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    How to Deal with Black Ice at Your Home

    Posted by Ryan Williams on Jun 19, 2018 12:06:12 PM

    If you live in a cold climate, black ice on your driveway, sidewalks, walkways, and home entry areas is a serious winter problem. This nearly invisible hazard can make walking and driving treacherous: not only could you or someone else slip, leaving you exposed to the possibility of medical bills and/or a lawsuit, but a sliding vehicle could do damage to your property. 

    When and how does black ice form?

    Black ice forms when the temperature falls below freezing while the ground is still wet or it is raining.  This causes the moisture to freeze in a translucent, razor-thin layer on the ground.

    The most dangerous times of day for black ice to form are dawn and late evening when temperatures are typically at their lowest. Also, sudden changes in temperature — after a winter storm, for instance — can cause black ice, as can shoveling snow off your pavement when it is too late in the day for the sun to melt away the residue.  

    Any ice on your driveway or walkways is a safety hazard, but black ice is especially dangerous because it’s hard to detect. This is because water gets into the surface pores of the pavement and freezes. The top surface of the black ice reaches above the pavement, but only barely, making it difficult to notice.

    Getting rid of black ice

    In some cases, it’s best to just wait it out. Black ice will melt away on its own, given enough time and the right conditions. However, depending on the weather forecast and how quickly you need to use your driveway or walkways, you might want to get rid of black ice as soon as possible. 

    If so, use sand or kitty litter for traction and apply de-icer. The most common type is rock salt, however this can cause damage to your pavement.  Other less damaging options are calcium chloride or magnesium chloride. 

    Or, you can use an ice pick to chip away and loosen the ice.  If you’re careful and use hot water (early in the day) to help with melting stubborn smaller patches, causing damage to your pavement shouldn’t be a problem.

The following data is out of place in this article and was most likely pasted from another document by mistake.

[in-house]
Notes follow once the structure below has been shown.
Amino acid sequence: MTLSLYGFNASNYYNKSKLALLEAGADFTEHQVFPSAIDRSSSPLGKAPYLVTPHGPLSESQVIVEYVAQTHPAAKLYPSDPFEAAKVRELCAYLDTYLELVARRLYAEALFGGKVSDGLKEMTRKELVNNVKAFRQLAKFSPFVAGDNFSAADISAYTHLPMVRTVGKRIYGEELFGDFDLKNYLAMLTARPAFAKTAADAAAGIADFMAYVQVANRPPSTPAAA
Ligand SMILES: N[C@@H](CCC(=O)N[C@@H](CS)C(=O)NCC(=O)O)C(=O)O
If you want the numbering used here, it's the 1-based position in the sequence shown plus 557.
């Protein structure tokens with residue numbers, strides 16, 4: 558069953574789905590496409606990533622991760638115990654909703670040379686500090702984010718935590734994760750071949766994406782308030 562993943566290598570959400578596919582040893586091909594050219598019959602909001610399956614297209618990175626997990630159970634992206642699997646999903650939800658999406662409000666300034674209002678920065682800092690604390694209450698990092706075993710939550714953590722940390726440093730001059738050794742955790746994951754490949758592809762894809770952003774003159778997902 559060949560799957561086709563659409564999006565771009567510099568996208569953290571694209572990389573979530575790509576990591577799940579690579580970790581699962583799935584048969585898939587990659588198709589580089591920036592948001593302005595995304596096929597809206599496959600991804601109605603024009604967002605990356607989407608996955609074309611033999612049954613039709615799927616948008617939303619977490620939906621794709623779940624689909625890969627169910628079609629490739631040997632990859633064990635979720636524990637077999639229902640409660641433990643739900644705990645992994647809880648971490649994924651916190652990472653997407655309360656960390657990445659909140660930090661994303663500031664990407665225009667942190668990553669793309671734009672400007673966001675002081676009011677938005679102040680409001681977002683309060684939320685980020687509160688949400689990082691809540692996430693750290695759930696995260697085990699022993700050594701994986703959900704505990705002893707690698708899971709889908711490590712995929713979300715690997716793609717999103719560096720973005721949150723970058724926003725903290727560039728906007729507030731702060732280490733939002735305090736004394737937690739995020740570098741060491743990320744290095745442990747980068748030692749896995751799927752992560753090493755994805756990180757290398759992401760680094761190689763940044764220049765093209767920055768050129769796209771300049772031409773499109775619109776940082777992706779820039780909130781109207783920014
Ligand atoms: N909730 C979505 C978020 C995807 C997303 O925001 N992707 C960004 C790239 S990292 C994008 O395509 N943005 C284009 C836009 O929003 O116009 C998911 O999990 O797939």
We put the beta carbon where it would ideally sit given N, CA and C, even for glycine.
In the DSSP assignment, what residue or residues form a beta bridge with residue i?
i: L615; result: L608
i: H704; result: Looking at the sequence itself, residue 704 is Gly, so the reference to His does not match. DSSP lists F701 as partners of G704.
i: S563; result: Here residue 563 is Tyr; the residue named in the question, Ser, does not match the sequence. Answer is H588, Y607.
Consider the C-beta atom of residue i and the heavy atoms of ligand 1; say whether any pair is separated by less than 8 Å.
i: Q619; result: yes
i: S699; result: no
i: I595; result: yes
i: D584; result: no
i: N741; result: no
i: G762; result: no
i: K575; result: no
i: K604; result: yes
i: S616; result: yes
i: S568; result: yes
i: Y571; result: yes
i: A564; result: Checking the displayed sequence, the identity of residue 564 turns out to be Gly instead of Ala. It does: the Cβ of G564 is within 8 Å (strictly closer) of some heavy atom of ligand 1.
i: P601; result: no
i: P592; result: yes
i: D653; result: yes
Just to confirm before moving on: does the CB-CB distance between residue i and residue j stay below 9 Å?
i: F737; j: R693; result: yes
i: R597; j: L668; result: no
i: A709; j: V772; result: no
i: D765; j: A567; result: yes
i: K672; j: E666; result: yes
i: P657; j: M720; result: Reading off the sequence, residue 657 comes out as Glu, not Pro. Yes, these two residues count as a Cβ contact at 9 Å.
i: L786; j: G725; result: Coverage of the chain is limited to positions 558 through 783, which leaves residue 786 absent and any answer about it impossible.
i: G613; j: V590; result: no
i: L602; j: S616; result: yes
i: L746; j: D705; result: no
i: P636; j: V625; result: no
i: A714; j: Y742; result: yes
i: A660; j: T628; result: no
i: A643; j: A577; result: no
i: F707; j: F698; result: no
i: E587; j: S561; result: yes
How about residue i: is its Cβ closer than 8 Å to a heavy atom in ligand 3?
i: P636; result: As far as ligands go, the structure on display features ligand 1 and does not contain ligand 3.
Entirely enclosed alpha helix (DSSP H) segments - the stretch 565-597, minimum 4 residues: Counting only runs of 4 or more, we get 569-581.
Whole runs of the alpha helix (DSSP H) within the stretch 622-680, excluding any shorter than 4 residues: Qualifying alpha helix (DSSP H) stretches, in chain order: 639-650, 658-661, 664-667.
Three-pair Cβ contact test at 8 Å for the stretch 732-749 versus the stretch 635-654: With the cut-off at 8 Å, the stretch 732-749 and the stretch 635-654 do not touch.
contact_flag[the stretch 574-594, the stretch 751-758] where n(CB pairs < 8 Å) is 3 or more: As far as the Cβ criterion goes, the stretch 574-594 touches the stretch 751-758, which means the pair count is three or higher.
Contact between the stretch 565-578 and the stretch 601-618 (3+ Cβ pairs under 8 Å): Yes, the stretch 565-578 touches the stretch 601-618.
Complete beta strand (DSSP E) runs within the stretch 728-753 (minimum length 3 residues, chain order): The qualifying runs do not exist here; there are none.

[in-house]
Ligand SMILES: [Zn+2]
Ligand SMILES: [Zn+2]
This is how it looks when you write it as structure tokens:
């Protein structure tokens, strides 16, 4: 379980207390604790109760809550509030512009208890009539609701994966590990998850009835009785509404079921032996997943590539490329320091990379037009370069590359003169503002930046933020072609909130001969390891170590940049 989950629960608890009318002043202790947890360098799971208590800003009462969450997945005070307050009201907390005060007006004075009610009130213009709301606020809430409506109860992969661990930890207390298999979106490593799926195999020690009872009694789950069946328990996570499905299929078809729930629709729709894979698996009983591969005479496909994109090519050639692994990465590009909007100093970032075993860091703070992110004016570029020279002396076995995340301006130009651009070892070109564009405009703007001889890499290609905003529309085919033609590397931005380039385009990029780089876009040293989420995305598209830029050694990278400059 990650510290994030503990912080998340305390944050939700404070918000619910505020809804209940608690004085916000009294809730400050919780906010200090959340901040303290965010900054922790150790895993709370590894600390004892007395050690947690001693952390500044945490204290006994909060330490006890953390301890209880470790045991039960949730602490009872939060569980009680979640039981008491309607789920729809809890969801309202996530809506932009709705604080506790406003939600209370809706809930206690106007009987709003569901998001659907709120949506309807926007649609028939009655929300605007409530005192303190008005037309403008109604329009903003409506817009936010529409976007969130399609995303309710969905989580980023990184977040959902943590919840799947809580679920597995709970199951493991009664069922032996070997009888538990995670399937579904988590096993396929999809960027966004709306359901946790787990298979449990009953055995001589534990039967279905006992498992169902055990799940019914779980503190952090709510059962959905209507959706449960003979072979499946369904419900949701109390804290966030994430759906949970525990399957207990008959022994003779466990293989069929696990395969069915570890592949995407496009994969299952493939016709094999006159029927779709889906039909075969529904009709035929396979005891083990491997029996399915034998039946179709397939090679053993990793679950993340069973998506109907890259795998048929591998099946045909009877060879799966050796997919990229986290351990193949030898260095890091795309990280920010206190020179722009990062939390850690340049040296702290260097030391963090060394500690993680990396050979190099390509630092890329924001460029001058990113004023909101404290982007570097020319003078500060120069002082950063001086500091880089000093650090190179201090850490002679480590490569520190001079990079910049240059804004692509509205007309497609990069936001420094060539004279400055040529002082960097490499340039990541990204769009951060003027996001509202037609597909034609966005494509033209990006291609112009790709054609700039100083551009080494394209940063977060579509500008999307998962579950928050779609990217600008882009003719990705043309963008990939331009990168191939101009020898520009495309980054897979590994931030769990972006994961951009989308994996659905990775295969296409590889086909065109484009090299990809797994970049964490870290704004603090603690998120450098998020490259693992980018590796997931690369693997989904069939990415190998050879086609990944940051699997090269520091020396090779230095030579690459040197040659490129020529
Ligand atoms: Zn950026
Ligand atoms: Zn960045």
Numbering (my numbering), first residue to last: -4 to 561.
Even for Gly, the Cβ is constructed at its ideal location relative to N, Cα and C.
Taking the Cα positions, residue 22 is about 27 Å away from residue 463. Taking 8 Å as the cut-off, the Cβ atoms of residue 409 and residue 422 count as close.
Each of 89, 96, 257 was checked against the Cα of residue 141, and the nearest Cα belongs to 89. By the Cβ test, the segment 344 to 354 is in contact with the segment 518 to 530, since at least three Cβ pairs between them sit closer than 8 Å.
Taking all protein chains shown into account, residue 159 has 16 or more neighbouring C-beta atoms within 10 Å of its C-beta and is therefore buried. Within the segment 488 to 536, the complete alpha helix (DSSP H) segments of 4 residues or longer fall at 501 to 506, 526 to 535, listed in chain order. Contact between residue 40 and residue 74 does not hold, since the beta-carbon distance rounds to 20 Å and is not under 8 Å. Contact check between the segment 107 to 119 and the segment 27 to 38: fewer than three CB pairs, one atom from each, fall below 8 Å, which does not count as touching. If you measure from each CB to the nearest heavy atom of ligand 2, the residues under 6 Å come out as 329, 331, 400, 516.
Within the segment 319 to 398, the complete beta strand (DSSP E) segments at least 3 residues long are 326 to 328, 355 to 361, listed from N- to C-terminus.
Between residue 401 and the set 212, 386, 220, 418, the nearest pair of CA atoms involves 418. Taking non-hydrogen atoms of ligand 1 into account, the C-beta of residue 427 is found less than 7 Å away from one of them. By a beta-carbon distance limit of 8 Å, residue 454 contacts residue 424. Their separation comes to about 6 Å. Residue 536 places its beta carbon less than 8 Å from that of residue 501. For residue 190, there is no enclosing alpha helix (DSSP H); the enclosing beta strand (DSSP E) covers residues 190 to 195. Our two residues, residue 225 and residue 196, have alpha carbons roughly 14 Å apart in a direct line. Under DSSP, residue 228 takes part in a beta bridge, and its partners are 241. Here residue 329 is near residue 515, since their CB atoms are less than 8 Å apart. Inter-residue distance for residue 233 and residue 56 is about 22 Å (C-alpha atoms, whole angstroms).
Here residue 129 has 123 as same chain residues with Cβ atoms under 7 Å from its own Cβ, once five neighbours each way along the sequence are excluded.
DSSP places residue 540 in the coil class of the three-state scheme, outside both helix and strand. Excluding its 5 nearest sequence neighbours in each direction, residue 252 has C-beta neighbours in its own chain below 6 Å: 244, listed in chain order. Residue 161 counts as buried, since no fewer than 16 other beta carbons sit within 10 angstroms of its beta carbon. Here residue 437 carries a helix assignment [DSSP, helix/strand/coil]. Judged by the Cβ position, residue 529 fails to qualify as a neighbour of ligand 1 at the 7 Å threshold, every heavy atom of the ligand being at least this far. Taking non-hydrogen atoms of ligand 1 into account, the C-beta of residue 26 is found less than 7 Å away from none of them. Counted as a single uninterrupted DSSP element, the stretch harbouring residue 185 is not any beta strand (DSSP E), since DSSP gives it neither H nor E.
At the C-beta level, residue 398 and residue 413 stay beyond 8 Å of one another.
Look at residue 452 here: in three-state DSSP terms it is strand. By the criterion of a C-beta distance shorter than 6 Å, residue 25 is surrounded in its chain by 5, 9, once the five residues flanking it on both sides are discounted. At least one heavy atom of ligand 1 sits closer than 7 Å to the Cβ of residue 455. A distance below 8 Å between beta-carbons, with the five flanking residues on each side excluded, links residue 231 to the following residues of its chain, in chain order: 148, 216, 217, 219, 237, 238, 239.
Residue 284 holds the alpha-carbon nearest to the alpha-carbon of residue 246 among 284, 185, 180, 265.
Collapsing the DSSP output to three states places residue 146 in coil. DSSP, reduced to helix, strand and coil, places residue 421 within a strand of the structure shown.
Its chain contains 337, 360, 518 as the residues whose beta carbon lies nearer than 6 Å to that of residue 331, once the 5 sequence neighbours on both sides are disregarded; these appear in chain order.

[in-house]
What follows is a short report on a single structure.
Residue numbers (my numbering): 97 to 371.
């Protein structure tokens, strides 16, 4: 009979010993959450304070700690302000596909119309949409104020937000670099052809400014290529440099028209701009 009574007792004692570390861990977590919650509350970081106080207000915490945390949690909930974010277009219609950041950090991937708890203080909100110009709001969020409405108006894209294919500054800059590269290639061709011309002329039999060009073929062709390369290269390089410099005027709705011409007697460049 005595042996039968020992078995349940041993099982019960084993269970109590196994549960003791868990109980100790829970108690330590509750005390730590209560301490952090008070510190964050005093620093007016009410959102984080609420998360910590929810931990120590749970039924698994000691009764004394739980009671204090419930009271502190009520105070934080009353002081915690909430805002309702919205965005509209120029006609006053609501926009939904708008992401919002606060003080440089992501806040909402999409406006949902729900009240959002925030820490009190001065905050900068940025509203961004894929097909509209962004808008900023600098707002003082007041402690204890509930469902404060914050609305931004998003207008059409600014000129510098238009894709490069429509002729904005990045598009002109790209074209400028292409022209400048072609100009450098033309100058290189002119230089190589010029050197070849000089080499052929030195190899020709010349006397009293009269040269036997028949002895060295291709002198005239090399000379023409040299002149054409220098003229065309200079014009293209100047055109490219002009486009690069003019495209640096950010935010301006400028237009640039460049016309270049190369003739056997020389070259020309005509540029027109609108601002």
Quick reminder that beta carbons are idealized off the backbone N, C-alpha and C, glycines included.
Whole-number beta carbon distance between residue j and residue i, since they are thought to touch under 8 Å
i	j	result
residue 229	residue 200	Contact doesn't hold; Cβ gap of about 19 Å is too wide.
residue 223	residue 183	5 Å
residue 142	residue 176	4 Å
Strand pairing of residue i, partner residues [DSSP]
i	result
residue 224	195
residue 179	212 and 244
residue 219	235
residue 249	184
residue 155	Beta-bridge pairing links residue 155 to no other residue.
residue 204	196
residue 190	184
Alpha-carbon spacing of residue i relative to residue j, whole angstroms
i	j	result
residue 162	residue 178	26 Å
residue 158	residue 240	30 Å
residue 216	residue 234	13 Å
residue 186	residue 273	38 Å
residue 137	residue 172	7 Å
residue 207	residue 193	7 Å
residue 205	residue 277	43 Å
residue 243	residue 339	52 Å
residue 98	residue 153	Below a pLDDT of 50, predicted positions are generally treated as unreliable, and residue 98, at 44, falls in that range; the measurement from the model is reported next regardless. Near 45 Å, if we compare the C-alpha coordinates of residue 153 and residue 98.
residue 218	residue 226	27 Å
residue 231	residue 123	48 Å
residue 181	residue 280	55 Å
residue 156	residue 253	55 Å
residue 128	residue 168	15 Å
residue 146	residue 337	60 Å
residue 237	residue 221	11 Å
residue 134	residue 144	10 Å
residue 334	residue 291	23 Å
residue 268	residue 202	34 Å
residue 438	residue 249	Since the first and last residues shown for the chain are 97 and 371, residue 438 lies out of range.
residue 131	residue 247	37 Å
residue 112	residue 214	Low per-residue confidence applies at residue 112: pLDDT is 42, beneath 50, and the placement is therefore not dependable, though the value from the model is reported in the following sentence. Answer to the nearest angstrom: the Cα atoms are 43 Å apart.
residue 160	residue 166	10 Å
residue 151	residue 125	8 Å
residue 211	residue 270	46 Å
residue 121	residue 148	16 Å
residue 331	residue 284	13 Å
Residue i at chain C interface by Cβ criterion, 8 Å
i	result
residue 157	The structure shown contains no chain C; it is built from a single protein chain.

Preventing black ice from forming

    The easiest way to prevent black ice is to keep the temperature of your walkways and driveways above the freezing point. This can be accomplished by installing a heated driveway (a large expense), or with the help of much more inexpensive heated snow-melting mats.  

    Another way is to remove snow as soon as possible after it falls (the earlier in the day, the better). Because it’s important to keep newly fallen snow from becoming compacted, don’t drive or it and, as much as possible, try not to walk on it, even while shoveling.  Also, never pile snow near the edge of your driveway or walking paths, as snow melt-off can flow onto the pavement and freeze as black ice.

    If a major snowstorm is forecasted, you can do what professional snow and ice removal experts do, which is to apply a liquid anti-icer to prevent snow from sticking to the pavement. Before the storm hits, or even just after the snow begins to fall, spread rock salt or other brine mixture over the pavement. Starting out, this will melt the snow on contact. Later, after the snow has piled up, you’ll find it easier to clear it all away.  This is because anti-icers prevent snow from bonding with pavement surfaces. 

    By following the tips included here, you should be able to deal with black ice as quickly as it forms.

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    Topics: Snow Removal, Winter Safety

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